Sequencing methodology was used on a subset of samples (10–15% for each SNP) to confirm genotypes identified by ARMS and tetra-ARMS PCRs. The primers for sequencing reactions of IFN-γ and IL-10 were designed using software Lasergene version 7.0 (DNAstar, Madison, WI, USA) while primers for TNF-α and IL-6 were designed using web based software “BatchPrimer3” (Table S1). Amplified PCR products (25–30 ul) were sent to Macrogen (Macrogen Inc, Seoul, Korea) for sequencing. Sequencing results were analyzed by pair-wise alignments of the sequences using software “ClustalW version 1.83”. The allelic specificities of the cytokine gene SNPs were determined by a comparison of PCR results with nucleotide sequencing results of the alleles. Greater than 95% concordance was observed in all cases.

Statistical Analysis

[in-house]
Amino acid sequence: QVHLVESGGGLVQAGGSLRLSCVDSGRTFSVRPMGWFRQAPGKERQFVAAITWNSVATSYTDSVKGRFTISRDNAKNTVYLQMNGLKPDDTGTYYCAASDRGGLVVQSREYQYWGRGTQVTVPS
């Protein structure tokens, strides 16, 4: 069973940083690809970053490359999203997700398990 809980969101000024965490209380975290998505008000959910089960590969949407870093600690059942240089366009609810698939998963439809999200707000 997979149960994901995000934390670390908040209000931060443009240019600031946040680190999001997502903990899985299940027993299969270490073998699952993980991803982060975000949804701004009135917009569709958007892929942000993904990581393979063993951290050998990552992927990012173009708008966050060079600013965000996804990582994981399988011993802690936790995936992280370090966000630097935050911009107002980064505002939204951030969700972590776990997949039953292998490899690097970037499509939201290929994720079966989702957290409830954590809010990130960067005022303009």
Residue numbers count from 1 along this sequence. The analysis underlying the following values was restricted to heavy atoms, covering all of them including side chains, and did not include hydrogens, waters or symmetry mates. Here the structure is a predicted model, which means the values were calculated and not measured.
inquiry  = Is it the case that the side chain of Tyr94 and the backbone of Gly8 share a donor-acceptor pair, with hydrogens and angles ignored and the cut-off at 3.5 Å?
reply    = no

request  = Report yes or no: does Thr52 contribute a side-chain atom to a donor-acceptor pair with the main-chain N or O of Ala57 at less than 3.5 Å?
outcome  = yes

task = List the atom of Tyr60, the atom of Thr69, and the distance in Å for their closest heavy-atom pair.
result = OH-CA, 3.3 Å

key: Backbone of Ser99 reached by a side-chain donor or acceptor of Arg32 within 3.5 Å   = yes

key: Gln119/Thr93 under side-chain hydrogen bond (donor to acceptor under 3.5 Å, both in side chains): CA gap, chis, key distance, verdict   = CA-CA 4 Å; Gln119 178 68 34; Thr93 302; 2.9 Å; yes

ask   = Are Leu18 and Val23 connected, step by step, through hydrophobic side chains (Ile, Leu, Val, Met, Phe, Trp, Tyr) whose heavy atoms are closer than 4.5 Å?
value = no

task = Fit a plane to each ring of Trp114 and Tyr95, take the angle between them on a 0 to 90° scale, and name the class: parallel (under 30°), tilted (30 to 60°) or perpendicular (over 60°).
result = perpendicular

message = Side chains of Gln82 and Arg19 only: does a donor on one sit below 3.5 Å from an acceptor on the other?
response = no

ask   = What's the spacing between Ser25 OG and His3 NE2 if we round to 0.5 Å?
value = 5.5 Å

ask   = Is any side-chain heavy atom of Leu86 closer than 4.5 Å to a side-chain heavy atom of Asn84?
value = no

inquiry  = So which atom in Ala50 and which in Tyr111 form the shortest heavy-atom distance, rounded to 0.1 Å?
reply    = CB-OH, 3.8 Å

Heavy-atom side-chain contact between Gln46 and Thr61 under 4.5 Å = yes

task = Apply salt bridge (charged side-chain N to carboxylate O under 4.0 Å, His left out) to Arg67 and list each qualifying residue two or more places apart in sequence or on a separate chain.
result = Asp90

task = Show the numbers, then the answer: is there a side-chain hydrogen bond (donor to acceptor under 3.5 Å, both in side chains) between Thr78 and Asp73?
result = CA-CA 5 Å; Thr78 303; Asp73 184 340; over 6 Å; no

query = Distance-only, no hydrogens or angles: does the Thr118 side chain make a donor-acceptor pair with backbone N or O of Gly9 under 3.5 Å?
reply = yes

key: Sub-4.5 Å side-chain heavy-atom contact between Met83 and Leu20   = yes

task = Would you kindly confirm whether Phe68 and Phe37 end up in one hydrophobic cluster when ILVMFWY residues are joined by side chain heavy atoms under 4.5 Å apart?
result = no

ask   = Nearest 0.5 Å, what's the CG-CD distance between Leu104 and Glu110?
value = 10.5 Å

Epi- Info (version 6) was used to estimate the sample size with 95% confidence interval and 80% power of the study. We have used genotype frequencies in the Iranian population [35], for sample size calculations and added ∼20–25% for variability in frequency. Statistical Package for Social Sciences (SPSS version 19.0 IBM Corporation, NY, USA) was used. Groups were compared for differences in allele and genotypes frequencies by Pearson Chi squared or Fisher's exact tests, when the criteria for the chi-squared analysis were not fulfilled. P values of ≤0.05 were considered significant for both Pearson and Fisher's exact tests. For significant p-values, odds ratios (OR) with respective confidence intervals (95% CI) were also calculated. Odds Ratio (OR) was not available for all values because at least for one case, the value of the weight variable was zero. Linear-by-linear test were used to determine the corrected p-values for comparisons between groups and Bonferroni correction was applied when multiple comparisons were carried out. Multiple logistic regression analysis was applied to determine the effect of age and sex with genotypes. Hardy-Weinberg Equilibrium (HWE) was determined by applying the equation (p2+2pq+q2). IFN-γ +874 T/A genotype combinations with IL-10 −1082 A/G, TNF-α -308G/A and IL-6 −174 G/C were used to determine two gene combination effect. Nine possible genotype combinations were derived with IFN-γ genotypes for each of the cytokine genotypes. These combinations were then compared between controls and PTB patients using Pearson χ2 or Fisher's exact test.